The "What Would Jesus Cut?" campaign, launched by Jim Wallis and the good people of Sojourners, assumes that massive budget cuts are coming, but raises the question of where we start. If budget cuts are a fiscal necessity (more on that in a minute), asking what we cut is a moral necessity. The campaign's title, therefore, is intended to attract the attention -- and stimulate the conscience -- of American Christian voters. We all need to be reminded in the midst of what can become budget-frenzy that budgets are moral documents, and that the love of money can cause people to commit all sorts of evil things.
I agree that living within our means is a financial necessity, and long-term deficit spending is stupid and short-sighted. I think it's sad, however, that Republicans have managed to paint Democrats as the bad guys on this, since it was a Republican administration that most recently turned a surplus into a deficit through tax cuts for the wealthy and two unfunded (and at least one unfounded) wars. I also think it's sad that our discussion of the deficit jumps too quickly to prescription, not taking adequate time for careful diagnosis.
Such diagnostic examination would explore a number of causative factors, including the possibility that our national debt is in large part a consequence of a broken political campaign system where votes can be bought with the currency of short-sighted, self-interested promises. In this system, Republicans can buy votes and loyalty from rich people and want-to-be-rich people through tax cuts and promises of more security through an ever-bigger military. And Democrats can buy votes and loyalty from poor people and want-to-help-poor people through entitlements and promises of a stronger economic safety net. The latter strikes me as a more honorable form of vote-buying, I suppose, since poor people need help more than rich folks do. But buying votes isn't a great way to run a democracy either way. One hopes more attention will be paid to these dimensions of our deficit in the process of reducing it.
The Republican House recently unveiled their plan for deficit reduction. Their proposal represents what Republican Michael Gerson rightly calls a squandering of an important Republican legacy. That's why it's important for more and more Republicans to speak up -- not against getting our fiscal house in order -- that's a necessity -- but about what should be cut and why. And Democrats need to enter the fray, not as anti-Republicans, but as responsible partners, and, probably in this case, balanced and thoughtful leaders who tell the whole truth that needs to be told, inviting the American people to be grown ups and face the facts.
Cutting programs that save lives in Africa, Asia, and Latin America is morally unacceptable. Far better is to ask questions like these:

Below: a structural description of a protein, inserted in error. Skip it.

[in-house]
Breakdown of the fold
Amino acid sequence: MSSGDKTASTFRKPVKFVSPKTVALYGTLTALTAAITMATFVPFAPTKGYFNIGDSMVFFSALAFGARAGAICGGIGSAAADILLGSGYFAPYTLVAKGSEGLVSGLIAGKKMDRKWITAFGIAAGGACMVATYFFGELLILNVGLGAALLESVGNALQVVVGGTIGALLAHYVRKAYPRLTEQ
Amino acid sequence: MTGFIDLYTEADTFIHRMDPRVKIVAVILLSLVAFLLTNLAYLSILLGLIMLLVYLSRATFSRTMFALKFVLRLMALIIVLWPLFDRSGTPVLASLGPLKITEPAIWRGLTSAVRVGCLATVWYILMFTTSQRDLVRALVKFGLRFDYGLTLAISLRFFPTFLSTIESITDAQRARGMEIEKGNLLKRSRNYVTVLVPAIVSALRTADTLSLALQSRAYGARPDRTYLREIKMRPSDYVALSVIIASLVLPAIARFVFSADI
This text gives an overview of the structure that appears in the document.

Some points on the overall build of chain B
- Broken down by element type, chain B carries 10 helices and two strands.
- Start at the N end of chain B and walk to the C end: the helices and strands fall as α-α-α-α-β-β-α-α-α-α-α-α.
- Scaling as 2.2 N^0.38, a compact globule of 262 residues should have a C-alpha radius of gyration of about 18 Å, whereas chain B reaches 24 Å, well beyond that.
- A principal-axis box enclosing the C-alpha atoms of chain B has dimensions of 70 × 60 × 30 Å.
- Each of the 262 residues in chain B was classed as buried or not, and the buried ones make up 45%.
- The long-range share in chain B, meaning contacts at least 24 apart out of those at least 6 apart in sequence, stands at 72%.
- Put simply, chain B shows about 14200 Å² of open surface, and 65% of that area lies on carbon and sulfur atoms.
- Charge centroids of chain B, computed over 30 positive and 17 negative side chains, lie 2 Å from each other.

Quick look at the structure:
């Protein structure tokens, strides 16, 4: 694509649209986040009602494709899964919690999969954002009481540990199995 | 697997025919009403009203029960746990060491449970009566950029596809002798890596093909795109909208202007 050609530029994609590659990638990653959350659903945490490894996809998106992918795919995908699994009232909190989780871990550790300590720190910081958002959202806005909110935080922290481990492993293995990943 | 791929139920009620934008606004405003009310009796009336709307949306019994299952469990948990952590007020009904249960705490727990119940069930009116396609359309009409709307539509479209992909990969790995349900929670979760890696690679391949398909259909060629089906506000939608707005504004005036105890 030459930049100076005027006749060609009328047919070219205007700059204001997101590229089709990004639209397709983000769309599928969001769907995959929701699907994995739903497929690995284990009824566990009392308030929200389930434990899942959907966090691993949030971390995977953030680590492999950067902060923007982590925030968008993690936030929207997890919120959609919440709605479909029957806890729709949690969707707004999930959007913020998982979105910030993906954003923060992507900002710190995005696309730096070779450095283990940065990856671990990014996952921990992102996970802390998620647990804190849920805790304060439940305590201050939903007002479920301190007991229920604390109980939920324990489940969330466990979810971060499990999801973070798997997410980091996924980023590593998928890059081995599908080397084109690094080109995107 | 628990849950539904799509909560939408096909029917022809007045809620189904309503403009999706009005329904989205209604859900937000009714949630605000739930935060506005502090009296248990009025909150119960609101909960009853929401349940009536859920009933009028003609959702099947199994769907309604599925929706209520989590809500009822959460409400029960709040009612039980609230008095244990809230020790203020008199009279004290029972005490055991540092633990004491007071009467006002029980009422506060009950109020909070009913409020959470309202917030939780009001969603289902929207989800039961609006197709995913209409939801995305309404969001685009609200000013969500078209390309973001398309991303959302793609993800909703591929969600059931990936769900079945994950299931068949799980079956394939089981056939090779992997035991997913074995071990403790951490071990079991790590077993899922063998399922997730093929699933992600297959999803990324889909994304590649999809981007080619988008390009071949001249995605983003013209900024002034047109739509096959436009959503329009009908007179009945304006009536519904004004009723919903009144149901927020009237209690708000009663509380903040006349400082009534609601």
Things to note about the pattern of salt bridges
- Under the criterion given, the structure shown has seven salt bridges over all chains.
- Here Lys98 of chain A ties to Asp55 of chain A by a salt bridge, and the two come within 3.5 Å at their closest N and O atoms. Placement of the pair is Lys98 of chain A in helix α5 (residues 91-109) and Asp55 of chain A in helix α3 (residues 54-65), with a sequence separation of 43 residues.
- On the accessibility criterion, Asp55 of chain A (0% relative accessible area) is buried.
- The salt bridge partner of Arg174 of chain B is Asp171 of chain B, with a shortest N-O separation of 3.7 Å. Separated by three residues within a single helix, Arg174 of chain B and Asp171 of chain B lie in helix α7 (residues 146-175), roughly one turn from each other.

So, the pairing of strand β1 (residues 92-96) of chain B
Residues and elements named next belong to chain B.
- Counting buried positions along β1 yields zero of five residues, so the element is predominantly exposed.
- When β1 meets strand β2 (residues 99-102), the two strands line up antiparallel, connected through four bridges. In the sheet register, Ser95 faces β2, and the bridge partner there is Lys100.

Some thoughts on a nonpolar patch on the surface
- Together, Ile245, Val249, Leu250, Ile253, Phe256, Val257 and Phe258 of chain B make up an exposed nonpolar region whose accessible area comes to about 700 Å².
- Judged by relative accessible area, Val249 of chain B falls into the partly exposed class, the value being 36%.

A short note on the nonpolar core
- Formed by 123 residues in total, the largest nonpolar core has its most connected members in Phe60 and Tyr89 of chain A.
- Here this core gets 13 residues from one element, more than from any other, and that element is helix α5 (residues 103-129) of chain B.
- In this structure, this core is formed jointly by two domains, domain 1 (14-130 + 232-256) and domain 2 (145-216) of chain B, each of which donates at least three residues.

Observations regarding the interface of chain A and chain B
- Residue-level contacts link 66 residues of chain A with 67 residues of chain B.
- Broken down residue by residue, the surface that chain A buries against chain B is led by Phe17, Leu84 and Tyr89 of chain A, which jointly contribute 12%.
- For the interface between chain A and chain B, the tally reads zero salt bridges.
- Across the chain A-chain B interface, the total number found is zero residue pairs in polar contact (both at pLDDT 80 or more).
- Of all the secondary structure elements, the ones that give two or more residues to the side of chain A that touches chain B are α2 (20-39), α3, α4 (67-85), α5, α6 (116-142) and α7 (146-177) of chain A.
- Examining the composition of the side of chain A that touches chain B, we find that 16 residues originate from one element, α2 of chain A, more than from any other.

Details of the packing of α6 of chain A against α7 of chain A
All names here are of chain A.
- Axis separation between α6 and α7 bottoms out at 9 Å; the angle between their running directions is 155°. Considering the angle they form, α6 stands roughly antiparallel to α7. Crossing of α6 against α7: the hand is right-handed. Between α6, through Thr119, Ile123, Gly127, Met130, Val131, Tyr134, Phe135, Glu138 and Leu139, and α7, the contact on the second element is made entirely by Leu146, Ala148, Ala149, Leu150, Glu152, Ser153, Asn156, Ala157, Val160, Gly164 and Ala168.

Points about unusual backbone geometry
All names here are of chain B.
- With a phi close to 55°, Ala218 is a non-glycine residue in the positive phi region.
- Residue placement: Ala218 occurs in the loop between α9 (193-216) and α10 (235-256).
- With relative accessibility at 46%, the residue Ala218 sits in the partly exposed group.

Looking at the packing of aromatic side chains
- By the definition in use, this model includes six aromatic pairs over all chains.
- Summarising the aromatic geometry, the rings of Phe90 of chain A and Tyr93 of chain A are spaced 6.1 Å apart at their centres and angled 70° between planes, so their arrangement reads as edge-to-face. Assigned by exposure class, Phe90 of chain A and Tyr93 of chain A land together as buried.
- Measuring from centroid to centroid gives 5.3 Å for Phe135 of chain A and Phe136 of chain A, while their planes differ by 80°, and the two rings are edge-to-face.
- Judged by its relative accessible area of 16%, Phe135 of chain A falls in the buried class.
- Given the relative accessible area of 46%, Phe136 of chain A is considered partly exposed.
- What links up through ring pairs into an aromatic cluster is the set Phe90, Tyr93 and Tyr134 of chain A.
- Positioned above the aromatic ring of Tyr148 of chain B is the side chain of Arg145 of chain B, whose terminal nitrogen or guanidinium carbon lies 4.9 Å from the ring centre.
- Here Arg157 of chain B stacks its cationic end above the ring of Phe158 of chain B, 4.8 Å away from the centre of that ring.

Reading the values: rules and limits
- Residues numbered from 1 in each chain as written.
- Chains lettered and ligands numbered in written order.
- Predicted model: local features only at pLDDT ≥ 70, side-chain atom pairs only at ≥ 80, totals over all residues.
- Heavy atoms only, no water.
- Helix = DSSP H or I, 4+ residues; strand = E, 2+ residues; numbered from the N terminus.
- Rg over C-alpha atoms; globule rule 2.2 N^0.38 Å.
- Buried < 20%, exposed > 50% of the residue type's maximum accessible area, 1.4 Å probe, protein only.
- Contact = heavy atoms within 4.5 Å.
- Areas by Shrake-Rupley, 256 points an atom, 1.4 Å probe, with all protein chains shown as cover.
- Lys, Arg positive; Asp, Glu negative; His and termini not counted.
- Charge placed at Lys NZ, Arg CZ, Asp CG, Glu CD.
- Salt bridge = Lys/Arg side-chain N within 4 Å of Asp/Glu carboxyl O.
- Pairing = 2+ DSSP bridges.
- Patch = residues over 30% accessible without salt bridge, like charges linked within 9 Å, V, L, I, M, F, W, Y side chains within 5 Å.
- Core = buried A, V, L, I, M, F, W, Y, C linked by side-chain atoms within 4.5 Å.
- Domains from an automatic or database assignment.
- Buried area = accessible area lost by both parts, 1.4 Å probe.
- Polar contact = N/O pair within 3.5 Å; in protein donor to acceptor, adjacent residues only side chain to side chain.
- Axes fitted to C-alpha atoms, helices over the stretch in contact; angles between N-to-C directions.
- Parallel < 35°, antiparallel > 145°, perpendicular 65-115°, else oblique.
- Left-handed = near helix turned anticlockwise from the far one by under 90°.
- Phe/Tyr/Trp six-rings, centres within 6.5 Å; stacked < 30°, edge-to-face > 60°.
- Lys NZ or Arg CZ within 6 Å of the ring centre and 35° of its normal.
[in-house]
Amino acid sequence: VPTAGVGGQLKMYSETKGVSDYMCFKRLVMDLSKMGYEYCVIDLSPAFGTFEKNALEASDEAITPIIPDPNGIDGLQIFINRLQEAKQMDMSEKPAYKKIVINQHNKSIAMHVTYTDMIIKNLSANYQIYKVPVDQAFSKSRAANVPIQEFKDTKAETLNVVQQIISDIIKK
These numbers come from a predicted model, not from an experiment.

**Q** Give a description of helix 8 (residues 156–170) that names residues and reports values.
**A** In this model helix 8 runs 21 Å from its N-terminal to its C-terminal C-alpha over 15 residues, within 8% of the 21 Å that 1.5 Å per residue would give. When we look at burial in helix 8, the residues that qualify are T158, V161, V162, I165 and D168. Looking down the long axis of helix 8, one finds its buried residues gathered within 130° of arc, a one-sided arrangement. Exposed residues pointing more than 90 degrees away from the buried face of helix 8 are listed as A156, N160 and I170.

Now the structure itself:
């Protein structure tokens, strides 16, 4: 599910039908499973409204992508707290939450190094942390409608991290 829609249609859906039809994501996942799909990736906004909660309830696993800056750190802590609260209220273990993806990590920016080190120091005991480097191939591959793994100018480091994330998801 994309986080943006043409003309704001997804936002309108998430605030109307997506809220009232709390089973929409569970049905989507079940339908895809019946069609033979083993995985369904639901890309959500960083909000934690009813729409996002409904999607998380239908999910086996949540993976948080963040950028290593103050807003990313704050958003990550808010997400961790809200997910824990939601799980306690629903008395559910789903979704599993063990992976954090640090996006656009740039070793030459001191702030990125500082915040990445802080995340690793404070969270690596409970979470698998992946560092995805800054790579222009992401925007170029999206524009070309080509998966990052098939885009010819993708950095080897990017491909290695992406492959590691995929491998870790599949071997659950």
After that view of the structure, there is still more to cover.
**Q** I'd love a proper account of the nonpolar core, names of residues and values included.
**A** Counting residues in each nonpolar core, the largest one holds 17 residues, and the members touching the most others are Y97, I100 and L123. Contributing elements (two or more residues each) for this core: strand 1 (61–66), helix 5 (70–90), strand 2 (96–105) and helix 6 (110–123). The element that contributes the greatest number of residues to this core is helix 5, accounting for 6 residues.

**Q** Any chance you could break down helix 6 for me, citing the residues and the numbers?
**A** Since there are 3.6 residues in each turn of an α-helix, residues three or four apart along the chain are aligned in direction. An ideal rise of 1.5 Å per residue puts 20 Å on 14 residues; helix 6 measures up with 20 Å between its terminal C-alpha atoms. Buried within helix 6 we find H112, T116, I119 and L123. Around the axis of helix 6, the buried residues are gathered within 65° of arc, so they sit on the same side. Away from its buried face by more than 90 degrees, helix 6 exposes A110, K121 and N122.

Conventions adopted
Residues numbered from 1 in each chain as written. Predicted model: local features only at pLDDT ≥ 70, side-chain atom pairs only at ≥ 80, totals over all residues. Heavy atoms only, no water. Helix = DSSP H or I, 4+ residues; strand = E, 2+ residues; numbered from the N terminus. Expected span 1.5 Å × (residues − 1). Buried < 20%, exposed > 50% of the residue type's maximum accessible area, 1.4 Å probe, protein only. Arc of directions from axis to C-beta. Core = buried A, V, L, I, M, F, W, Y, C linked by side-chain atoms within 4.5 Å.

- How can we increase taxes on what we want less of (pollution, waste, pornography, tools of violence) and reduce taxes on what we want more of (work, earning, education, research and development, alternative energy, etc.)?
- Why does a small segment of the super-rich control a larger and larger portion of national wealth; what are the consequences of this trend; and what should be done about it?
- What percent of the national budget should be spent on the military? Are we heeding Eisenhower's well-known, but too-little-heeded warning and advice about the "military-industrial complex"?
Eisenhower, we should remember, was a Republican. Like Gerson, he had a broader and more intelligent vision than the narrow, one-dimensional, reactionary one we see sweeping today's Republican party like a tsunami of tea. Perhaps this is a good time to remember his parting words as he left the presidency 50 years ago this year:
So -- in this my last good night to you as your President -- I thank you for the many opportunities you have given me for public service in war and peace. I trust that in that service you find some things worthy; as for the rest of it, I know you will find ways to improve performance in the future.
You and I -- my fellow citizens -- need to be strong in our faith that all nations, under God, will reach the goal of peace with justice. May we be ever unswerving in devotion to principle, confident but humble with power, diligent in pursuit of the Nation's great goals.
To all the peoples of the world, I once more give expression to America's prayerful and continuing aspiration:
We pray that peoples of all faiths, all races, all nations, may have their great human needs satisfied; that those now denied opportunity shall come to enjoy it to the full; that all who yearn for freedom may experience its spiritual blessings; that those who have freedom will understand, also, its heavy responsibilities; that all who are insensitive to the needs of others will learn charity; that the scourges of poverty, disease, and ignorance will be made to disappear from the earth, and that, in the goodness of time, all peoples will come to live together in a peace guaranteed by the binding force of mutual respect and love.
That is the kind of American moral ethos I hope will prevail in re-calibrating the American budget in the weeks and months ahead.
Brian McLaren is an author and speaker whose new book is A New Kind of Christianity: Ten Questions That Are Transforming the Faith.